FOR IMMEDIATE RELEASE
LOS ANGELES — More than 800 teachers in Los Angeles today joined thousands of nurses, firefighters, other workers and community volunteers with the Alliance for a Better California in a statewide blitz of neighborhoods to mobilize voters to go to the polls Nov. 8 and oppose the governor's special-interest agenda and his harmful ballot initiatives.
Before walking Los Angeles voter precincts, California Teachers Association President Barbara E. Kerr and State Superintendent of Public Instruction Jack O'Connell spoke out against the governor's Proposition 74, 75 and 76 at a news conference with classroom teachers in front of Venice High School in West Los Angeles.
"We come from many backgrounds, but we speak with one voice," Kerr said. "If you care about our public schools – and having police and fire protection in our neighborhoods – please make your voice heard and vote 'No' on the governor's bad ideas for our state."
O'Connell said, "This governor, simply put, is trying to balance the budget on the backs of the working people, of professional educators, nurses, firefighters, and the law enforcement community. He's trying to borrow money against the futures of the students in California's public schools."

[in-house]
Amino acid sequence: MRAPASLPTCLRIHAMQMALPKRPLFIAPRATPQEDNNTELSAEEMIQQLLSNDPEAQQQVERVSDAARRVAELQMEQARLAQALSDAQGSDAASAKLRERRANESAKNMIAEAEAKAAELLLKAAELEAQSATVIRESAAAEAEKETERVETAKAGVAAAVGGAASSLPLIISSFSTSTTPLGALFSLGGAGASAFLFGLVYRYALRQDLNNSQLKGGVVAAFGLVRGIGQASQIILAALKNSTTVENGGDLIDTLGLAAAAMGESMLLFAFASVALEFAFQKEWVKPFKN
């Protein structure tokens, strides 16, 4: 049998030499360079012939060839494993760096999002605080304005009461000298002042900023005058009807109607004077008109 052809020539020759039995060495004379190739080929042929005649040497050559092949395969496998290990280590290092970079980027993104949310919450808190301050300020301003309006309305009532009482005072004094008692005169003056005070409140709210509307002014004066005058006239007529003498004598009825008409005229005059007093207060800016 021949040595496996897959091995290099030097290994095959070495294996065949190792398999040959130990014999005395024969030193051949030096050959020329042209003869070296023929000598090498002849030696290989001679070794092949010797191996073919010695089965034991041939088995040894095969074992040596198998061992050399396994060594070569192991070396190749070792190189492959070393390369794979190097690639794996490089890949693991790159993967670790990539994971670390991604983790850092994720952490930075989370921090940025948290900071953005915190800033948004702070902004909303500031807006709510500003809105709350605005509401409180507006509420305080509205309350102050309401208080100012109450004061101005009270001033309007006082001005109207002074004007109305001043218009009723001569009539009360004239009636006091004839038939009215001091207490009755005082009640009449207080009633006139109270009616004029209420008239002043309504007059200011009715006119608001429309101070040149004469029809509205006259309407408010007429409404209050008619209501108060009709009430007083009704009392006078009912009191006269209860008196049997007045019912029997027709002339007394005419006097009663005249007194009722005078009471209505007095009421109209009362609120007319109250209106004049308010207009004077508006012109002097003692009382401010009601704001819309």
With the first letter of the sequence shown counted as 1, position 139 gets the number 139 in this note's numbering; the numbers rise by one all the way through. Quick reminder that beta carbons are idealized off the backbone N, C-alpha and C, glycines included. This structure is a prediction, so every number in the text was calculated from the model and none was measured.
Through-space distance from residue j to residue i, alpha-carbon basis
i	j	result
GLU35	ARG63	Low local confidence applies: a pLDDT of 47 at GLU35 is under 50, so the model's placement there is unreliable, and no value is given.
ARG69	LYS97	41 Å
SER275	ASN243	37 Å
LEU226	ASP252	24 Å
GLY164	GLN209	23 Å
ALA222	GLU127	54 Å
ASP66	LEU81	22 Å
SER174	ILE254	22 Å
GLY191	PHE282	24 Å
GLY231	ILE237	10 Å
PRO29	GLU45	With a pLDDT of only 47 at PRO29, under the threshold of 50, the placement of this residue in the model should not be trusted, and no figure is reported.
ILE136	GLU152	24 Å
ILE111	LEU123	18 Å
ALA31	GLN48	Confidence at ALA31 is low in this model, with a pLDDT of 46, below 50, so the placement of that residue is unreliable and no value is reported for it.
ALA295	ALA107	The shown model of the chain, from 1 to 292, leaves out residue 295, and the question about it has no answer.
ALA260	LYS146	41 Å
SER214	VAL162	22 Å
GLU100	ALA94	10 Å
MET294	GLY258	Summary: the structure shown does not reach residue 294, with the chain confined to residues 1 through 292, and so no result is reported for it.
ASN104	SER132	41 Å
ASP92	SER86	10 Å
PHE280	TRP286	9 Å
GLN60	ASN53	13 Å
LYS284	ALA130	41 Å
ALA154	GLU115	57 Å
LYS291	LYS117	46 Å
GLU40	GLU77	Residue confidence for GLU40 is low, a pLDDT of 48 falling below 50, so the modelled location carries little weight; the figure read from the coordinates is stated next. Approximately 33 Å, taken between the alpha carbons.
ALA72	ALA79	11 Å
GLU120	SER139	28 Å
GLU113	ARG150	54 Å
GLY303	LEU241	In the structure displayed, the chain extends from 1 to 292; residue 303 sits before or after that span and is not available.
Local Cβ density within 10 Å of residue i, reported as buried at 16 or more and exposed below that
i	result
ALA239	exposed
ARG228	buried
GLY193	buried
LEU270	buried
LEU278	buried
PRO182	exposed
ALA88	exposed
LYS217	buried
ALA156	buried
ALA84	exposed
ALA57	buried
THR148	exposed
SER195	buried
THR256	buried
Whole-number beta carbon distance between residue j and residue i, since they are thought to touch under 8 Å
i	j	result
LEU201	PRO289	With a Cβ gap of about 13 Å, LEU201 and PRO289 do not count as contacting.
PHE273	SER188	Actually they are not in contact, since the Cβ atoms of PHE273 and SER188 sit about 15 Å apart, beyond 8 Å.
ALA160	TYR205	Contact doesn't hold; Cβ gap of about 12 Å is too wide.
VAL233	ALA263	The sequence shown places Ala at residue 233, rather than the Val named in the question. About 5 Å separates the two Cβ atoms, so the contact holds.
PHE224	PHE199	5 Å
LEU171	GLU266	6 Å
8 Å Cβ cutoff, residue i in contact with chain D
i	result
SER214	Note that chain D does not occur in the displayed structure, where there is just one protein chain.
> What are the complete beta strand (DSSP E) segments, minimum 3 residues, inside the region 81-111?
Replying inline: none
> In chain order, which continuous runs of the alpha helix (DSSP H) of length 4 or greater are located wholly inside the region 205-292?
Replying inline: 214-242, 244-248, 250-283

"Proposition 75 is not about protecting workers," warned Linda Bynoe, a professor at California State University-Monterey Bay. "It's about shutting us up so we can't tell the public about why bad ideas like the governor's propositions on the ballot are dangerous for our communities."
Mike Rosenfeld, a teacher in the Coachella Valley in Riverside County, blasted the governor for backing Prop. 76, which would slash school funding "by over $4 billion every year -- $600 per student, leading to more overcrowded classrooms, teacher layoffs, and fewer textbooks and classroom materials."
He said Proposition 74 "blames teachers for the problems in our schools. It does nothing to get our schools the things they really need, like smaller class sizes and up-to-date textbooks."